Filmmakers Mike Kuetemeyer and Anula Shetty teamed up with lifelong community residents Fred Harris and Q Tate to investigate the question: how does change happen in our neighborhood? To find out, they told the stories of a local “power grid” of influential people.
“I’m realizing it’s our role now to tell the story of North Philly. Through making films, I’m learning about stuff I didn’t even realize was there. I didn’t know Ms. Nandi and Mr. Khalid still ran the Penny Candy store. I didn’t know Ms. O was up on Lehigh, healing people. I’d never seen a block as clean as Ms. Darlene’s. It’s kind of a push to find stuff out from the hood, for ourselves. North Philly is not a bad place. It’s not the place, it’s the people. And there are a lot of good people here.” — Neighborhood artist Frankin “Q” Tate
Filmmakers Mike Kuetemeyer and Anula Shetty teamed up with lifelong community residents Fred Harris and Q Tate to investigate the question: how does change happen in our neighborhood? They sought to identify and learn from a local “power grid” of influential people.
Through an open-ended documentary process, Fred and Q decided to highlight Nandi and Khalid, an older couple that runs a penny candy store in the neighborhood. Through the lens of the project, Fred and Q realized that the Penny Candy Store is a unique public safety strategy.. Nandi and Khalid have run a penny candy store out of their living room for over 15 years, and use candy as a vehicle to teach children counting, Black history, art, and communication skills. They’re remarkable people who foster childhood magic and curiosity on an ordinary North Philly block. Through discount candy, they offer kids a trusting adult relationship and a safe space to go after school.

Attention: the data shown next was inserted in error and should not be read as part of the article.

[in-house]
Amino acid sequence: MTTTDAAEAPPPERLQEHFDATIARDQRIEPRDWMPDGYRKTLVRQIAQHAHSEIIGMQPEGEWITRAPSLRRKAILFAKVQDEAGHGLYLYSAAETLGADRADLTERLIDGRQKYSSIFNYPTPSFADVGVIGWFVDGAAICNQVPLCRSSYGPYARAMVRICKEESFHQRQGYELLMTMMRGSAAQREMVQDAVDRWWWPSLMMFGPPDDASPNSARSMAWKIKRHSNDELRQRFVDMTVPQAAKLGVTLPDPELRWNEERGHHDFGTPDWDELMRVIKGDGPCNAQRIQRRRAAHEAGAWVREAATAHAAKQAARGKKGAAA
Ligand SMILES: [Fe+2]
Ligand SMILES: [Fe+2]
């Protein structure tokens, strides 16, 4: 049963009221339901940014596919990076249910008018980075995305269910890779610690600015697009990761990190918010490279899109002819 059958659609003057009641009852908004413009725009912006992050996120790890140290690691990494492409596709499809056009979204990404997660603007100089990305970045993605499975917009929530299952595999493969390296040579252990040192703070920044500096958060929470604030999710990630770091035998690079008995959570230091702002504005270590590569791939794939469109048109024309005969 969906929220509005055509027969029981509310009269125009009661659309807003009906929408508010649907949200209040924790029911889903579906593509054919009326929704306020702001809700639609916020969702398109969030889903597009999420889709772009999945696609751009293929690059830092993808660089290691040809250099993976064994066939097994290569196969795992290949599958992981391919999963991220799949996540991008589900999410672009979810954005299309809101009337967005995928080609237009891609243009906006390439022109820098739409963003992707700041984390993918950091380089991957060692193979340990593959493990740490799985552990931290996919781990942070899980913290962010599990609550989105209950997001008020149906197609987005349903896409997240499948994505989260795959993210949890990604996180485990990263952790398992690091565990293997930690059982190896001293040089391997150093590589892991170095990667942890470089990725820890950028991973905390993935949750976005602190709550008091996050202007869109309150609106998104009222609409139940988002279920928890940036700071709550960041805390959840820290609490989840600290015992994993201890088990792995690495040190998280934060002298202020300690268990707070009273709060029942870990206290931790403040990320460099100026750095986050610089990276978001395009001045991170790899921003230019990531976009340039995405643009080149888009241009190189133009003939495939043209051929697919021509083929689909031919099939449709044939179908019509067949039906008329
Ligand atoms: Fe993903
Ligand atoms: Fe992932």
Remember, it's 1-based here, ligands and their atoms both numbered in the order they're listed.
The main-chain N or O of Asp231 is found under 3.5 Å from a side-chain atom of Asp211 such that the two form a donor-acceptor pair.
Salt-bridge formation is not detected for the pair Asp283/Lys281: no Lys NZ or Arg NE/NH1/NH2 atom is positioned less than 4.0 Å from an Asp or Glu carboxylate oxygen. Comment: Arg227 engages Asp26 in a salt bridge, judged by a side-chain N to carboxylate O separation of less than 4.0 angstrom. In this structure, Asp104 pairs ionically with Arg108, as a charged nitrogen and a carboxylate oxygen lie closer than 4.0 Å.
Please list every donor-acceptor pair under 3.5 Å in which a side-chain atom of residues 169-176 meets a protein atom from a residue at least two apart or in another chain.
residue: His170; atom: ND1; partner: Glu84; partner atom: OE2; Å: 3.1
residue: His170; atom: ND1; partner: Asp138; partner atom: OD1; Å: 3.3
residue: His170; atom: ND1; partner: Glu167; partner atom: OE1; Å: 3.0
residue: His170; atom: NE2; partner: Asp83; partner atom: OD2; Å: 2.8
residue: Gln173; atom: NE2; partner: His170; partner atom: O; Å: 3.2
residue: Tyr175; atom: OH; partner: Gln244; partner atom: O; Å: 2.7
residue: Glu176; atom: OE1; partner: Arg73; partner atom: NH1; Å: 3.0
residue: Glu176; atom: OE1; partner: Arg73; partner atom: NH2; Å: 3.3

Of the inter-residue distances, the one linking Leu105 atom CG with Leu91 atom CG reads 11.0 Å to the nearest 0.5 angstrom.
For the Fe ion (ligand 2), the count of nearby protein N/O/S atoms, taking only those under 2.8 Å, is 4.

The team created a multimedia exhibit about the Penny Candy Store and hosted a party called the “Penny Candy Reunion.” The event screened a short documentary created by Fred, Q, Mike and Anula; displayed 400+ of Ms. Nandi’s thousands of photos of neighborhood children taken over the last 15 years; hosted a story-share booth; and served plenty of candy.
Watch the first film in the Places of Power series, featuring Nandi, Khalid and the Penny Candy Store.
Read press about the Penny Candy Reunion and People and Places of Power
Walk our Places of Power
Connecting and celebrating People of Power
Nandi and Khalid were just two of the amazing people the artists met through this process. Anula, Mike, Fred and Q also met and profiled Ms. O, a healer, and Darlene Pope, a block captain. At the end of the residency, we gathered all these people and their communities and invited them to have a conversation about their vision from the neighborhood. The blog post below details how this conversation grew into the Civic Power Studio project, generously supported by Artplace America and beginning in 2018.